By Neil Irwin
May 16, 2019, 49
Solar panels at Nellis Air Force Base in the Las Vegas area. In 2009, the Obama administration pointed to the project as a success it wanted to emulate with its stimulus plan.CreditAirman 1st Class Nadine Y. Barclay/U.S. Air Force
“When the economy goes south, the United States traditionally has two ways of dealing with it. The Federal Reserve cuts interest rates. And Congress passes spending increases or tax cuts to try to put more money into people’s pockets.
But the past decade has exposed flaws in both of these approaches.
Interest rates are now very low even when the economy is good, meaning the Fed probably won’t have much room to cut them in the next downturn. And while the Fed is good at reacting quickly to economic weakness, its actions to aid growth may fuel inequality and financial bubbles.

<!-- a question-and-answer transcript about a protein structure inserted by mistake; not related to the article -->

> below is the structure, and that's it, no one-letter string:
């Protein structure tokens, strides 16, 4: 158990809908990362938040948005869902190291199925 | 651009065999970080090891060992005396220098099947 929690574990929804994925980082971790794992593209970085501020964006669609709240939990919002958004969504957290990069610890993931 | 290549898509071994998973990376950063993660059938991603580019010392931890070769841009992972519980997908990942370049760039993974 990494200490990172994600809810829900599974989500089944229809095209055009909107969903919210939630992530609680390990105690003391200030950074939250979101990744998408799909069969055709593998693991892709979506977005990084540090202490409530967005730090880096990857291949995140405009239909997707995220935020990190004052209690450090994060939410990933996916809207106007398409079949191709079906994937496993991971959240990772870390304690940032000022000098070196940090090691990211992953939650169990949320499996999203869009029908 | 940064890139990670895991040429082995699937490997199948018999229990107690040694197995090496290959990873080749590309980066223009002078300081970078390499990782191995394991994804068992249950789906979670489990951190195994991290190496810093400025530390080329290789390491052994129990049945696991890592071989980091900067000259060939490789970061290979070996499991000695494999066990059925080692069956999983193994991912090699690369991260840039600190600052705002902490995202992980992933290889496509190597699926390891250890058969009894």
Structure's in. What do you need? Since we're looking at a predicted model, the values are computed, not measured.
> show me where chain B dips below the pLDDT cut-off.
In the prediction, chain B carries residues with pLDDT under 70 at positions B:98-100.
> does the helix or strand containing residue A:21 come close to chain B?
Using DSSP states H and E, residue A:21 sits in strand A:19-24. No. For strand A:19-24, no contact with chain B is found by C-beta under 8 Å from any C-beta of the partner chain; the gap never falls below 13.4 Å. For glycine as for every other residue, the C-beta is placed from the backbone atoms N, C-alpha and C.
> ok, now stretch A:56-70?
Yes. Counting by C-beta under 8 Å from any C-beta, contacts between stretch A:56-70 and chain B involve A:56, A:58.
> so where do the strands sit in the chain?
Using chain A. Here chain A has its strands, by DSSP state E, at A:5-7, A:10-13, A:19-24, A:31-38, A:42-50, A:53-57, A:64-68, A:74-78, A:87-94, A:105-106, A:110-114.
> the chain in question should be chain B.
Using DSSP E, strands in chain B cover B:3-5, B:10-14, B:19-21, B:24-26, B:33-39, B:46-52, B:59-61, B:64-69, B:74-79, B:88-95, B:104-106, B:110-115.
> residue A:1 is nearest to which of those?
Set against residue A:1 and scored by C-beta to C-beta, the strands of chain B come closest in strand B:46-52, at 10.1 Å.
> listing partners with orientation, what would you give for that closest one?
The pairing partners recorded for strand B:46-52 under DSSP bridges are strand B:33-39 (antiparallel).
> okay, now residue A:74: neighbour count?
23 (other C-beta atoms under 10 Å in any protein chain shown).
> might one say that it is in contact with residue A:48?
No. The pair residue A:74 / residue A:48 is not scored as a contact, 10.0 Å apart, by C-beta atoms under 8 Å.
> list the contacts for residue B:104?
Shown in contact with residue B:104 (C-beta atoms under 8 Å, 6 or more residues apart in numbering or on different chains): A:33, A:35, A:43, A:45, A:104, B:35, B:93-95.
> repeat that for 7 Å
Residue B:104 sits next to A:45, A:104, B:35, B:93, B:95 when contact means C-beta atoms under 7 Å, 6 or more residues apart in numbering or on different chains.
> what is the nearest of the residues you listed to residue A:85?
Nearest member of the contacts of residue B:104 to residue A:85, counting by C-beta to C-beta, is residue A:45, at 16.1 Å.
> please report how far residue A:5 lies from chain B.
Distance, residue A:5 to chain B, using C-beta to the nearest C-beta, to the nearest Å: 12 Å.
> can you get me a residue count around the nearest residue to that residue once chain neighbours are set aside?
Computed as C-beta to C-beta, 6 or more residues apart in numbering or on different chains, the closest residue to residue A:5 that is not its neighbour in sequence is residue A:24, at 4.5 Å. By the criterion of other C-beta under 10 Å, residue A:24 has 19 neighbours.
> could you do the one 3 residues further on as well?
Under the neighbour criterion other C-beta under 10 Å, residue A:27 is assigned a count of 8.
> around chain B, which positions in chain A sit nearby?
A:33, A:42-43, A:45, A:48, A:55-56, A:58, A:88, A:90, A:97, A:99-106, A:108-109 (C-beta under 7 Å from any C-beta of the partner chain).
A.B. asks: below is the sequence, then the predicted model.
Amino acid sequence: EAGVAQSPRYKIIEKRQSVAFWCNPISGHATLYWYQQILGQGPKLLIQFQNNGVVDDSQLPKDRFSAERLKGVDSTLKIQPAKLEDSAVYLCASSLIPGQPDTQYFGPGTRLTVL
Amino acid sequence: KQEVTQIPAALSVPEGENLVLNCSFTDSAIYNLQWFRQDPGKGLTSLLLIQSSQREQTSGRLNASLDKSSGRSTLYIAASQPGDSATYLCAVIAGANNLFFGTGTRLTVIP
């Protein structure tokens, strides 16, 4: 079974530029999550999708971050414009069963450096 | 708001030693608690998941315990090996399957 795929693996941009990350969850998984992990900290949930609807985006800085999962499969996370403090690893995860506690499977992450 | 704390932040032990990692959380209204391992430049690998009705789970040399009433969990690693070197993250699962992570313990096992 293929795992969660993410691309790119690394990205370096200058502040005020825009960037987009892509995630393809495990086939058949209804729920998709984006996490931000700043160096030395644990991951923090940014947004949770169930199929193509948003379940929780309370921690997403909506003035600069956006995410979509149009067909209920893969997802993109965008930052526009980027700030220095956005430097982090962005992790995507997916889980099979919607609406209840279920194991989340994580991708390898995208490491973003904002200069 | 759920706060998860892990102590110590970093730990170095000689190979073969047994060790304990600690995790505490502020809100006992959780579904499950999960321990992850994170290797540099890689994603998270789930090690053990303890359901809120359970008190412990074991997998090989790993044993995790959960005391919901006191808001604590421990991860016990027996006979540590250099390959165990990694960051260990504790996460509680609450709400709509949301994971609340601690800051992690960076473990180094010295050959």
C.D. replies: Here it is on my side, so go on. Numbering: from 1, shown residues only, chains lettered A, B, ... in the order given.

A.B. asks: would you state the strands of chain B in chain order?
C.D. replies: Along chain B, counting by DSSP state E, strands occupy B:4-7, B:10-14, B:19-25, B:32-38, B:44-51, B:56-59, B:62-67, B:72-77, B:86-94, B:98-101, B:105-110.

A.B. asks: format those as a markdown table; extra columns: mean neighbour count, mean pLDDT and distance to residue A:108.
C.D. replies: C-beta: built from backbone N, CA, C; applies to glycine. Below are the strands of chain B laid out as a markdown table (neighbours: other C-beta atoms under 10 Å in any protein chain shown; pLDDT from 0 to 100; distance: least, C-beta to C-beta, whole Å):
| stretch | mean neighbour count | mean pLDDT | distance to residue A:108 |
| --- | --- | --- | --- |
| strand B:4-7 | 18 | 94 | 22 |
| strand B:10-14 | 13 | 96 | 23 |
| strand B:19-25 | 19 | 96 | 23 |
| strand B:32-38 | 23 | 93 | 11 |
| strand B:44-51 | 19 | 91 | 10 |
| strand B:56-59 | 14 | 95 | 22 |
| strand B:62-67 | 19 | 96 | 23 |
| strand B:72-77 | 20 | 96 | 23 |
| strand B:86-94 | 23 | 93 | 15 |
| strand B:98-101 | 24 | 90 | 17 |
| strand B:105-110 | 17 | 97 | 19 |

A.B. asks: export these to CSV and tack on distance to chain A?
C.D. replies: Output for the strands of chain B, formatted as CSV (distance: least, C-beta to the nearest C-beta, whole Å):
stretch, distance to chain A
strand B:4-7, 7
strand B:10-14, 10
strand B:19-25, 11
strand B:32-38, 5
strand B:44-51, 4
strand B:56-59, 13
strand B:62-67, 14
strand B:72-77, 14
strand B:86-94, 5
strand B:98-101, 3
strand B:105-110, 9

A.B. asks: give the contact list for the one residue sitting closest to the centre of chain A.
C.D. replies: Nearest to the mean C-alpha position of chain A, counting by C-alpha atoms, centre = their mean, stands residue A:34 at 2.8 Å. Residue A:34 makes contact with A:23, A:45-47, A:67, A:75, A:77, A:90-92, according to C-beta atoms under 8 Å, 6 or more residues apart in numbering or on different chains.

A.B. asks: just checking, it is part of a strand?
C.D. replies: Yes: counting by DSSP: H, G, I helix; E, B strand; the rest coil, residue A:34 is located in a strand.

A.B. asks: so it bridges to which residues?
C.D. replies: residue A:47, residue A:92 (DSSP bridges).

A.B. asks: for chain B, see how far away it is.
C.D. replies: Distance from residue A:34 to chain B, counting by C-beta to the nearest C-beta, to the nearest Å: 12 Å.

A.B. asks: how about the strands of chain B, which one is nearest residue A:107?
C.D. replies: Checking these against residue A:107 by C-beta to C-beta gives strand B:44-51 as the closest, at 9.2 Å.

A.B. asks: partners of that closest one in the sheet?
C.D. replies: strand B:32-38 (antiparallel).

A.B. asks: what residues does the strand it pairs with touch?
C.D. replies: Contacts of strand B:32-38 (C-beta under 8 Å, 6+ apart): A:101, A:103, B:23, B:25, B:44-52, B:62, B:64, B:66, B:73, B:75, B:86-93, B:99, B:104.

The use of fiscal policy — adjusting taxes and spending — has different problems. In a polarized Congress, the party that doesn’t control the White House tends not to want to do anything that might help the opponent get re-elected. When Congress does act, as when it passed the Obama administration’s stimulus bill in early 2009, it may not get the timing or the details of action right. Money tends to go wherever lawmakers have the most clout rather than where it would do the most to stabilize the economy or help people who are suffering.
But there may be another way: an approach that would reduce the pain of the next recession no matter when it comes, what causes it or what the political dynamic might be when it arrives.”